Winnipeg Architecture Foundation

Places

Buildings

Yellowquill College

Formerly:Canada House
Address:340 Assiniboine Avenue
Use:Winpark Dorchester Apartments
Original Use:residential
Constructed:1961
Other Work:1964, Swimming pool and fence addition
1983, Extensive renovations to accomodate Catherine Booth Bible College
1991, Interior alterations for Dakota Ojibway Tribal Council
2012, Extensive interior renovations by Winpark Dorchester
Architects:Myer Kunarsky
Engineers:H.A. Dalkie, of Crown & Company
C.W. Engineering
Terry Colyer, Structural
Borris Picklyk of E.J. Farace & Assoc., Mechanical
Tom Gillman of Pulse Engineering, Electrical
Contractors:Imperial Construction

More Information

Designed by local architect Myer Kurnarsky, 340 Assiniboine Avenue was constructed in 1961. Through its three major variations in function, 340 Assiniboine Avenue has adapted without significant exterior alteration. It was initiated by a group of investors and headed by Bill Shell, a director of the Winnipeg Dental Supply Company of 348 Hargrave Street. Initially designed as a 22 suite apartment complex, catering to the singles' crowd; each unit had a 'kitchenette', with a large recreation area and wet bar. Shared laundry facilities were located in the basement.

Measuring 96'x40' in plan, the complex was constructed by Imperial Construction. Engineer H.A. Dalkie, of Cowin and Company, served as technical consultant on the reinforced concrete. Consideration was given on account of the site's position along the banks of the Assiniboine River. A central corridor, on all three floors, is naturally lit by glazing on both the front and rear elevations. The apartments are oriented east and west. Structurally the building is constructed of precast concrete block and steel, faced in light brown brick. The saw-tooth fascia over the front entrance remains, but doors on the west side of the north elevation have been removed. A metal screen over the central bank of windows, visible in a 1965 photograph, has also been removed.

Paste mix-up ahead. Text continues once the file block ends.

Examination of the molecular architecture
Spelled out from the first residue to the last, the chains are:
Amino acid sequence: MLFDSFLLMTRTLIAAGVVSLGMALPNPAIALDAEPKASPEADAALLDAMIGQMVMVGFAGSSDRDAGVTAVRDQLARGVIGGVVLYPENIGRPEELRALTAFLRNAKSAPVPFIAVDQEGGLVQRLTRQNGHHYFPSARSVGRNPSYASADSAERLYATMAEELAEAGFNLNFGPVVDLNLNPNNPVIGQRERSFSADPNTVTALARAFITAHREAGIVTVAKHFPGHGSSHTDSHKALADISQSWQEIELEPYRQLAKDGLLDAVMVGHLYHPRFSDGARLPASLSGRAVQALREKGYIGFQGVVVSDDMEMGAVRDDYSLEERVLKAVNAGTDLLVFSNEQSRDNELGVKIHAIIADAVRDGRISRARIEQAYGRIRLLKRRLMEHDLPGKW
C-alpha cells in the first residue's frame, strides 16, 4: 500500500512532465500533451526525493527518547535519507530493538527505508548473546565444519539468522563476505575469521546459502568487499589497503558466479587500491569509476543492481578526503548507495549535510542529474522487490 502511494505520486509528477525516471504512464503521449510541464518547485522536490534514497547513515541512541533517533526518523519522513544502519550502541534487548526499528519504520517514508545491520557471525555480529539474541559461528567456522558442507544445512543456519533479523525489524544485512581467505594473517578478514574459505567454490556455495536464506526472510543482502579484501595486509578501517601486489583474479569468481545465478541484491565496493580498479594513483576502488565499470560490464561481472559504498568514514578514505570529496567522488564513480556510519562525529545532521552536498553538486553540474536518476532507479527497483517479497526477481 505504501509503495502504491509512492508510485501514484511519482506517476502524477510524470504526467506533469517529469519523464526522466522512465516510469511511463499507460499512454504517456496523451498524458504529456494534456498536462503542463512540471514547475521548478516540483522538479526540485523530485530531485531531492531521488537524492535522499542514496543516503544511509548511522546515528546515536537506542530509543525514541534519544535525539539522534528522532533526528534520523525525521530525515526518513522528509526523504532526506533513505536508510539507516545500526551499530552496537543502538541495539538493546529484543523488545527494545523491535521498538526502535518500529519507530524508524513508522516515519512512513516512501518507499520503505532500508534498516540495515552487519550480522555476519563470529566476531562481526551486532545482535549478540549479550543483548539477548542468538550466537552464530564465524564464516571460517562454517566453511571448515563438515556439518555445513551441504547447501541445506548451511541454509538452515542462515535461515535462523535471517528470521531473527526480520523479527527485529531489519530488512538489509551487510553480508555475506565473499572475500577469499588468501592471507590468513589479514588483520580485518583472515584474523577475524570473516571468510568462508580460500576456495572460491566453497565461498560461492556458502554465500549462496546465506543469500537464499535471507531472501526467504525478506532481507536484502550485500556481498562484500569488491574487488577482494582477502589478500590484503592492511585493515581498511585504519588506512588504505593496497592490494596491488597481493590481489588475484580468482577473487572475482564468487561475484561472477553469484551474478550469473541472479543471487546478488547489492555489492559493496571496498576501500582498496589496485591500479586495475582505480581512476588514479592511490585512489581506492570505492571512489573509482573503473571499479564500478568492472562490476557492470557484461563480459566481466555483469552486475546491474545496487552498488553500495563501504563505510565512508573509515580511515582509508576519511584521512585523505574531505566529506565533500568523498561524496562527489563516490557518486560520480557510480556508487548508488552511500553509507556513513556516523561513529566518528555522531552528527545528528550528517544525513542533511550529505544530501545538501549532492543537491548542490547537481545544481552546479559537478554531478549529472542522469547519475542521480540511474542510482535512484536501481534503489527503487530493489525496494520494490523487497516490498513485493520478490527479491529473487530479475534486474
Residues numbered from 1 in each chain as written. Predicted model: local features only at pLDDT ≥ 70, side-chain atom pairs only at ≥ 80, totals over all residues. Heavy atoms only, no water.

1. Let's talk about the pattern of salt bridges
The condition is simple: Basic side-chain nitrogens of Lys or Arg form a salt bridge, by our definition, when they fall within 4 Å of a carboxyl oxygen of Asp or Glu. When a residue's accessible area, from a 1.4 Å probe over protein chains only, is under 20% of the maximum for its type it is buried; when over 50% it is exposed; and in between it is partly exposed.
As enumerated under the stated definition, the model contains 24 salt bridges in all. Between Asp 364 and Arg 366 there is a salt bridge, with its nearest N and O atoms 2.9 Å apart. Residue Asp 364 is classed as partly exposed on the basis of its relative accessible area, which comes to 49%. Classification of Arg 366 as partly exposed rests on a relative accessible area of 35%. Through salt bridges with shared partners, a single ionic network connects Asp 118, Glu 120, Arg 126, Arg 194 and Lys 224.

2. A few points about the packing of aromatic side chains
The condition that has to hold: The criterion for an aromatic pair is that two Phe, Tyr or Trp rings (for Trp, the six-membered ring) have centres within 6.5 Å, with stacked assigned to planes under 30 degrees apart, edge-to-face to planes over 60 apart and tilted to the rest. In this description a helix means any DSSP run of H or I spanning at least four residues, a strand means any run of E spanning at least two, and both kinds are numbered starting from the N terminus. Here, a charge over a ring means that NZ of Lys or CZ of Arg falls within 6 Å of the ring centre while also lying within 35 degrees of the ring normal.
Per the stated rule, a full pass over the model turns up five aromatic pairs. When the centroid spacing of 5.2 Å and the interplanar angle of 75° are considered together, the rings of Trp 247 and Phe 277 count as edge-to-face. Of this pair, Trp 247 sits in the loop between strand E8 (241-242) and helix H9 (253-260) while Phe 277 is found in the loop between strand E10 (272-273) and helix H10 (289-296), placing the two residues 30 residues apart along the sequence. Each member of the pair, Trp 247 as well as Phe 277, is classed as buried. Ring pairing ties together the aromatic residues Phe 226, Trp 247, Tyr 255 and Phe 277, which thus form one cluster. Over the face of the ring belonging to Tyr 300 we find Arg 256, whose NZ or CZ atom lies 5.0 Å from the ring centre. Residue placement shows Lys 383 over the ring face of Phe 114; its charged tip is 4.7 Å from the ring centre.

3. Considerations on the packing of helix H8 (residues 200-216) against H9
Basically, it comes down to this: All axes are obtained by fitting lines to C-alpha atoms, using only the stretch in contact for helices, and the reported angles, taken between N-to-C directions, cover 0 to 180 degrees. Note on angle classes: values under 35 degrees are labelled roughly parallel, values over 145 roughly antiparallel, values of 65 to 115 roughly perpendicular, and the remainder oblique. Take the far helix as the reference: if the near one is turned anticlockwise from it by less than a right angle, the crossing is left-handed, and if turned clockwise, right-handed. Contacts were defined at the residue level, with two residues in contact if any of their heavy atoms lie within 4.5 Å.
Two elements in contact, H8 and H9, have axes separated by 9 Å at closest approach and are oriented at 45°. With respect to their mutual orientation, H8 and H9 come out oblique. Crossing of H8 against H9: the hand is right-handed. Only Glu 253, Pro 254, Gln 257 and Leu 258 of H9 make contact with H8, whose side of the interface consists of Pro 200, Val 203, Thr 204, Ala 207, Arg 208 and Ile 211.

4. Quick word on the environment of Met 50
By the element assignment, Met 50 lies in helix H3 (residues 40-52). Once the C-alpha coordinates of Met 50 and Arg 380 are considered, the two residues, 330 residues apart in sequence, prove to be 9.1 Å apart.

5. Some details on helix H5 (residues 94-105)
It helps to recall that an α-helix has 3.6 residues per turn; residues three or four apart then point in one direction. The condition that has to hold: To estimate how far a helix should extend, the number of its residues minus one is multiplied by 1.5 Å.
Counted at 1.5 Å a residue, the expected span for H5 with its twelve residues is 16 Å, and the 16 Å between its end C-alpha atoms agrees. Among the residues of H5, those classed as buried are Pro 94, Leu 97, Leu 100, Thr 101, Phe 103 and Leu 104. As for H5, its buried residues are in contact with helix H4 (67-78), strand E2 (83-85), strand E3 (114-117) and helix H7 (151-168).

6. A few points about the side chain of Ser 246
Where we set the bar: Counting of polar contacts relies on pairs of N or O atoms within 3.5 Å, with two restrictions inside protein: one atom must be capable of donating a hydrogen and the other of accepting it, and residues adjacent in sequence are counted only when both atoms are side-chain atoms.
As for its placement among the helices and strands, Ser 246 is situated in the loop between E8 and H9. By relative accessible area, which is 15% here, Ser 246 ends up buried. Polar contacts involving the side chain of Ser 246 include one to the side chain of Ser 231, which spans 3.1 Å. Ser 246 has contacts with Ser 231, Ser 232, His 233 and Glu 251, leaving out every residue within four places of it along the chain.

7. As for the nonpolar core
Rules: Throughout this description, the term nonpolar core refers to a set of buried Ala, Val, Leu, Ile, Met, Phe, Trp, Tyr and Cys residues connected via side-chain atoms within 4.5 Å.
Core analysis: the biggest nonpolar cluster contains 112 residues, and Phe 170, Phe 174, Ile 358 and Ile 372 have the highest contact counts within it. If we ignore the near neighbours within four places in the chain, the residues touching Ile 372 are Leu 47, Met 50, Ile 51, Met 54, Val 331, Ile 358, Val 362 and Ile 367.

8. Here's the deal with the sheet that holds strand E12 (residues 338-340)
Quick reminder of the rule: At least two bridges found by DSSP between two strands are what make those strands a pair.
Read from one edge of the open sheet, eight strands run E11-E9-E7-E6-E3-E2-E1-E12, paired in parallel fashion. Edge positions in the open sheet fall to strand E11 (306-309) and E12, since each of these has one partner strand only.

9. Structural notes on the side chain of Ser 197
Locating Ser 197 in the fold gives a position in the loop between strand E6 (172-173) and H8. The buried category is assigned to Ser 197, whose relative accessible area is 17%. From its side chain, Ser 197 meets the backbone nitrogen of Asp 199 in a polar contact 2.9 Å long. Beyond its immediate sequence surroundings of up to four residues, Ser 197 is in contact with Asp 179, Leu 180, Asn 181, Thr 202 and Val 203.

Not long after its construction, possibly as early as 1963, the apartment hotel was purchased by Canadian Inns, a then small chain of western hotels. While it began as an apartment hotel and motor lodge, Canada House evolved to house corporate occupants. When the Salvation Army purchased the building in 1983, it was further adapted for use as the Catherine Booth Bible College. Dudley Thompson and Keith MacFarlane of the Prairie Partnership architects made extensive alterations which enabled the building to house a student body of 52 along with classrooms, a library, officers' quarters and communal dining facilities. In 1988, the Catherine Booth Bible College expanded to the former YWCA at 447 Webb Place.

After a couple of years being vacant, Canada House became the urban seat of the Dakota Ojibway Tribal Council and its affiliated agencies. Occupants have included the Dakota Ojibway Investment Company, Yellow Quill College and Dakota Ojibway Community Futures Development Corporation. Savino and Company law firm are also tenants in the building.

Design Characteristics

  • Site plan: 96' x 40'
  • 2 1/2 - storeys
  • Constructed of concrete block and steel, with an exterior of light tan brick, the saw-toothed fascia over the front entrance is original, however, doors on the north fa├žade have been removed
  • A metal screen over the tall central windows, visible in a 1965 photograph, has also been removed

Sources

  • "Canadian Inns: Busy Building Hotels Across Canada," Western Construction and Building, March 1965, p. 42.

Locations of Supporting Information

  • City of Winnipeg Archives